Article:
GIBSONTON (FOX 13) - The holidays are over. School is back in session. And, it's been a dangerous week for school buses driving on our area roads.
In the last two days, we've reported four separate crashes involving buses in Pinellas and Hillsborough Counties. It's a trend that law enforcement doesn't want to see continue.
The most recent crash happened Wednesday afternoon in Gibsonton. Florida Highway Patrol says an SUV ran the red light at U.S. 41 and Gibsonton Drive, colliding with the school bus. Witnesses say it nearly tipped over.
"It just t-boned into the side of the bus here," said Joseph DiBella of Gibsonton. "They were going pretty fast because it is messed up."
Hillsborough County Schools spokesperson Tanya Arja said bus 4354 was carrying four students from Gibsonton Elementary. They're safe.
The driver of the SUV was taken the hospital. Their condition is unknown.
It was the fourth crash in just two days involving a local school bus. Tuesday afternoon, a driver ran red light in Clearwater, slamming into a Pinellas County school bus, causing it to hit a concrete pole.
"You don't know what to expect. The first thing you think is how many kids are on board?" said witness Jon Weaver.
Both drivers suffered non-life-threatening injuries. The single student onboard was not hurt.
Minutes later, a car rear-ended a bus in Lealman. And while the car caused it, troopers later found the bus driver was under the influence.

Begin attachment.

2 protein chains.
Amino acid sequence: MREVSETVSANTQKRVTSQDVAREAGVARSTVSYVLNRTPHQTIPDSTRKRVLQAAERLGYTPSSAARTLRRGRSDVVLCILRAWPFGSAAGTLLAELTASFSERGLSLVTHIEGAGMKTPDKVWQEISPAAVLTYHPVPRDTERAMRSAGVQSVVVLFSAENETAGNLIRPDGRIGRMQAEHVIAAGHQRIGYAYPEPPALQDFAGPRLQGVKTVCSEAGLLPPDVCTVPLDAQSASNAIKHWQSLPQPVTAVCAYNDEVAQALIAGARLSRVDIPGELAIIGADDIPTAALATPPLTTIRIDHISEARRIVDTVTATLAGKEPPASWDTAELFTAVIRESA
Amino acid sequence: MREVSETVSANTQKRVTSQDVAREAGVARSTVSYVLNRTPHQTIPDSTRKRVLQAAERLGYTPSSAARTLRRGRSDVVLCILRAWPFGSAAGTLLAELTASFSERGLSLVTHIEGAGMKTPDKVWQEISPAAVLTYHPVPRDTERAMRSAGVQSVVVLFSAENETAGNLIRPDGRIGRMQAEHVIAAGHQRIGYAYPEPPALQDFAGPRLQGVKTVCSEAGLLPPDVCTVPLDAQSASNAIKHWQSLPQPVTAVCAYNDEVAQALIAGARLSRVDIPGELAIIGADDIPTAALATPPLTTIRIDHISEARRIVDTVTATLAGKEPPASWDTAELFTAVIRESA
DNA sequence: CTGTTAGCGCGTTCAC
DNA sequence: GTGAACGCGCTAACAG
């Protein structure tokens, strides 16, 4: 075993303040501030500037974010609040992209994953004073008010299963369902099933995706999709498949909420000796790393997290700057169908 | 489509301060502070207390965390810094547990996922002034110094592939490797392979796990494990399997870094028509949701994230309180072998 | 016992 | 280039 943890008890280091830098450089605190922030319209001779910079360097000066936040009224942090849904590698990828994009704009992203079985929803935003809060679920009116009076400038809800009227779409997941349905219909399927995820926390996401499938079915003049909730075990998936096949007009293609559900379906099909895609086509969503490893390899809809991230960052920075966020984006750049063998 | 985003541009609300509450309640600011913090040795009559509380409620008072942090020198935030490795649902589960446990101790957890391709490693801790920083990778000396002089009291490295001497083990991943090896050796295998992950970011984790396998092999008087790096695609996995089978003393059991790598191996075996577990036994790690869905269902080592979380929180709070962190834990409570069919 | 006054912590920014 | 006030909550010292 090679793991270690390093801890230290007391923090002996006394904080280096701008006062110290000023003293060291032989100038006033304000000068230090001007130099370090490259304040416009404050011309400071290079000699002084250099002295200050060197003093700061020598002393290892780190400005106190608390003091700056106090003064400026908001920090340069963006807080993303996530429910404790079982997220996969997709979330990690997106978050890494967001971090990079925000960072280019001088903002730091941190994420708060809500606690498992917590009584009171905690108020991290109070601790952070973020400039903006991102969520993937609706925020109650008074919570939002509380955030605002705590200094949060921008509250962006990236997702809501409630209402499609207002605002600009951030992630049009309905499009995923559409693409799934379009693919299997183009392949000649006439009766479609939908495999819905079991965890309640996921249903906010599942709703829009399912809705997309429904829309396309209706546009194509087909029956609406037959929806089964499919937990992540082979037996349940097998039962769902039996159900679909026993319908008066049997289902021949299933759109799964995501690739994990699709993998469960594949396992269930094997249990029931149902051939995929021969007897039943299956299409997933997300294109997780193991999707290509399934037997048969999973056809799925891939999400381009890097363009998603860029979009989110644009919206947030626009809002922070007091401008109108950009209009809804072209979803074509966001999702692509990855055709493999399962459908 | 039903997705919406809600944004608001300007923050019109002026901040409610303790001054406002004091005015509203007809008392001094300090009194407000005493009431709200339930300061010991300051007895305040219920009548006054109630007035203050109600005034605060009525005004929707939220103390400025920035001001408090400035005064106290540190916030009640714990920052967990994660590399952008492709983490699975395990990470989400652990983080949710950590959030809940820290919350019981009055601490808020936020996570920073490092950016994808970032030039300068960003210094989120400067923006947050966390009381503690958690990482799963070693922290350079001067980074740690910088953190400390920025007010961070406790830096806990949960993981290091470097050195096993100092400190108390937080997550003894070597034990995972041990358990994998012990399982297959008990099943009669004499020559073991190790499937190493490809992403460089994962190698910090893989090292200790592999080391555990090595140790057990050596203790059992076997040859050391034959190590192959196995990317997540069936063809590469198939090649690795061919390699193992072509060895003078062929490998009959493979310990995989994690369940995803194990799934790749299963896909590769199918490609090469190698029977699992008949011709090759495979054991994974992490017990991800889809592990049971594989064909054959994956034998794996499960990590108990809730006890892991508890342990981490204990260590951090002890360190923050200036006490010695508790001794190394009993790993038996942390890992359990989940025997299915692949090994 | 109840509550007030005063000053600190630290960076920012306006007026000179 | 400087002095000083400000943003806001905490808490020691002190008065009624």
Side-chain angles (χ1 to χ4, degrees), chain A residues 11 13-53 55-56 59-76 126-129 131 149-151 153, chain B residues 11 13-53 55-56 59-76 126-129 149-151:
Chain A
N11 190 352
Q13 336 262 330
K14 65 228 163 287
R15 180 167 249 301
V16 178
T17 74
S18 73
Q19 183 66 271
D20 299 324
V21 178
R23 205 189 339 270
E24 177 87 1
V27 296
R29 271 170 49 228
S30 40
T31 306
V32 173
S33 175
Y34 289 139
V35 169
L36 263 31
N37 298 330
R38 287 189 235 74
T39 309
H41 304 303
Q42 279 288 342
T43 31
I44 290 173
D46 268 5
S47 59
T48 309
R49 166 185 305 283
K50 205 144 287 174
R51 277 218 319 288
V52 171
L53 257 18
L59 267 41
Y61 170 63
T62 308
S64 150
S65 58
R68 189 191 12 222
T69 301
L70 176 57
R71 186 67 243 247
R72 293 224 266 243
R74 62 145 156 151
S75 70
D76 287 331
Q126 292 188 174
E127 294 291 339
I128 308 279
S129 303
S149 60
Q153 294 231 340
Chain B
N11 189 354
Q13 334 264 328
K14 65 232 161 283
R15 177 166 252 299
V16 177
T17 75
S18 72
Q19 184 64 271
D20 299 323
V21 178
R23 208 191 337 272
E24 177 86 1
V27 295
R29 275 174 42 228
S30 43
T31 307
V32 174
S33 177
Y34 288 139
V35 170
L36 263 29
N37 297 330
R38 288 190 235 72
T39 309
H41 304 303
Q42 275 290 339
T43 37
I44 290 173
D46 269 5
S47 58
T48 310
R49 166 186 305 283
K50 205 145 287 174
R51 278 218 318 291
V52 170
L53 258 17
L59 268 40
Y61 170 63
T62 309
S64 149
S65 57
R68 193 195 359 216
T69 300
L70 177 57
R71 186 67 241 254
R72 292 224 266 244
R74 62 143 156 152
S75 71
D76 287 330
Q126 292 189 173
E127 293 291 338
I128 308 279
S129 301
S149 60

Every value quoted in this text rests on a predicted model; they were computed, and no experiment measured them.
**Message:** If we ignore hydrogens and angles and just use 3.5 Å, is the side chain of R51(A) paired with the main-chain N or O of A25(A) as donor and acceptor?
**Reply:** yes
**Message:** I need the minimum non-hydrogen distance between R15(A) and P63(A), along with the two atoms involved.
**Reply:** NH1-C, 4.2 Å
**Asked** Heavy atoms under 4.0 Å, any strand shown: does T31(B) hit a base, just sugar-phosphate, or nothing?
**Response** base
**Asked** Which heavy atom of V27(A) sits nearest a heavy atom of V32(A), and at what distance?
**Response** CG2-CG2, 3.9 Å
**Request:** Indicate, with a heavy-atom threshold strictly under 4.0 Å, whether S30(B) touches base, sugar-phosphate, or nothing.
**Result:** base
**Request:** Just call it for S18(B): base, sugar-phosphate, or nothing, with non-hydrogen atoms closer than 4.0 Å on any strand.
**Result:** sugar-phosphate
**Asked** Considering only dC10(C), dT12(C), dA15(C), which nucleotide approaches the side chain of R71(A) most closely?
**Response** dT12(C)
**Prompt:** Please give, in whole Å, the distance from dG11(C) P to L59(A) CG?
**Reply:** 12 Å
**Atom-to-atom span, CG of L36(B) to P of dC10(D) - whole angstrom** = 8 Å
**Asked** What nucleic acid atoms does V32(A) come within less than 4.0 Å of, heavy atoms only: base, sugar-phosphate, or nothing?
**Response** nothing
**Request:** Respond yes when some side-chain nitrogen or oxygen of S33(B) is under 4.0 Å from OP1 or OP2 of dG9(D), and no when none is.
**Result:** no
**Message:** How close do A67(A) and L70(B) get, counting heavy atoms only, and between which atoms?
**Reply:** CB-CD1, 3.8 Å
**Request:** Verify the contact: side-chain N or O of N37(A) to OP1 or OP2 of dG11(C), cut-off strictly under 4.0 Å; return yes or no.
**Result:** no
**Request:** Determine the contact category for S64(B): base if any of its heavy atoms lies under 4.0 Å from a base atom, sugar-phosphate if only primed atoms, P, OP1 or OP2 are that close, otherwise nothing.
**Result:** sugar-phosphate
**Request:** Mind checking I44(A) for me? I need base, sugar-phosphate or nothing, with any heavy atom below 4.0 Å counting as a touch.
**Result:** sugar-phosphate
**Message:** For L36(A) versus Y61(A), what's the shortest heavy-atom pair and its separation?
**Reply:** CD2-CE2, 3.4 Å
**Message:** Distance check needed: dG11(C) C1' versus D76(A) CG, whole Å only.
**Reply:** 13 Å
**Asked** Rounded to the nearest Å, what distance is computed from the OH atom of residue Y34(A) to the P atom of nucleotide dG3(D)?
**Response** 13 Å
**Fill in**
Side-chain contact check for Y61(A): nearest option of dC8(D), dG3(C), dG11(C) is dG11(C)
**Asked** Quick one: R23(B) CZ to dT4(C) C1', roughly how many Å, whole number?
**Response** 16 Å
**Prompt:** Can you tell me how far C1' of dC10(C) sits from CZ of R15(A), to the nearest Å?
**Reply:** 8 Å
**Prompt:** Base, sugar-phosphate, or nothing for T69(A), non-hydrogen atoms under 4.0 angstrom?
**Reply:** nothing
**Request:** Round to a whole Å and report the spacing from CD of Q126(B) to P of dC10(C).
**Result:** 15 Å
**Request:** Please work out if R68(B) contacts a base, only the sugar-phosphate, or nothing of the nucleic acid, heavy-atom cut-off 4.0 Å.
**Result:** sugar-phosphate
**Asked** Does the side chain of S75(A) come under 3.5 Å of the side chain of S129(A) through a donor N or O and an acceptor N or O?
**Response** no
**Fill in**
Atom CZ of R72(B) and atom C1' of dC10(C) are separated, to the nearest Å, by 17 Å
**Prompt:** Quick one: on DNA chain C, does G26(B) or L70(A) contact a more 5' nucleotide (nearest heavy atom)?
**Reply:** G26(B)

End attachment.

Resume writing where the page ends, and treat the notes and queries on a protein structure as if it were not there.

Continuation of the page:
The third of the day happened in St. Pete. Troopers say, this time, the bus driver was a fault for running a stop sign and hitting an SUV.
"A lot of crashes that we see are yes, the fault of other drivers interacting in and around the buses," said Sgt. Steve Gaskins of Florida Highway Patrol. "Do we have occasions when the bus drivers make a mistake? Yes, we do."
While the National Highway Traffic Safety Administration says school buses are about seven times safer than passenger cars or trucks, they're not invincible.
Whatever's behind this recent trend in our area, troopers are reminding all drivers to take a deep breath, be vigilant, expect buses to make frequent stops and remember - there's precious cargo onboard.
"They're painted bright yellow, they're visible so people can see them," Gaskins said. "Give them a wide berth. Give them a place to let the kids off safely. We have kids on those buses and one of our most prized possessions is our kids. We want them to get to and from school safely."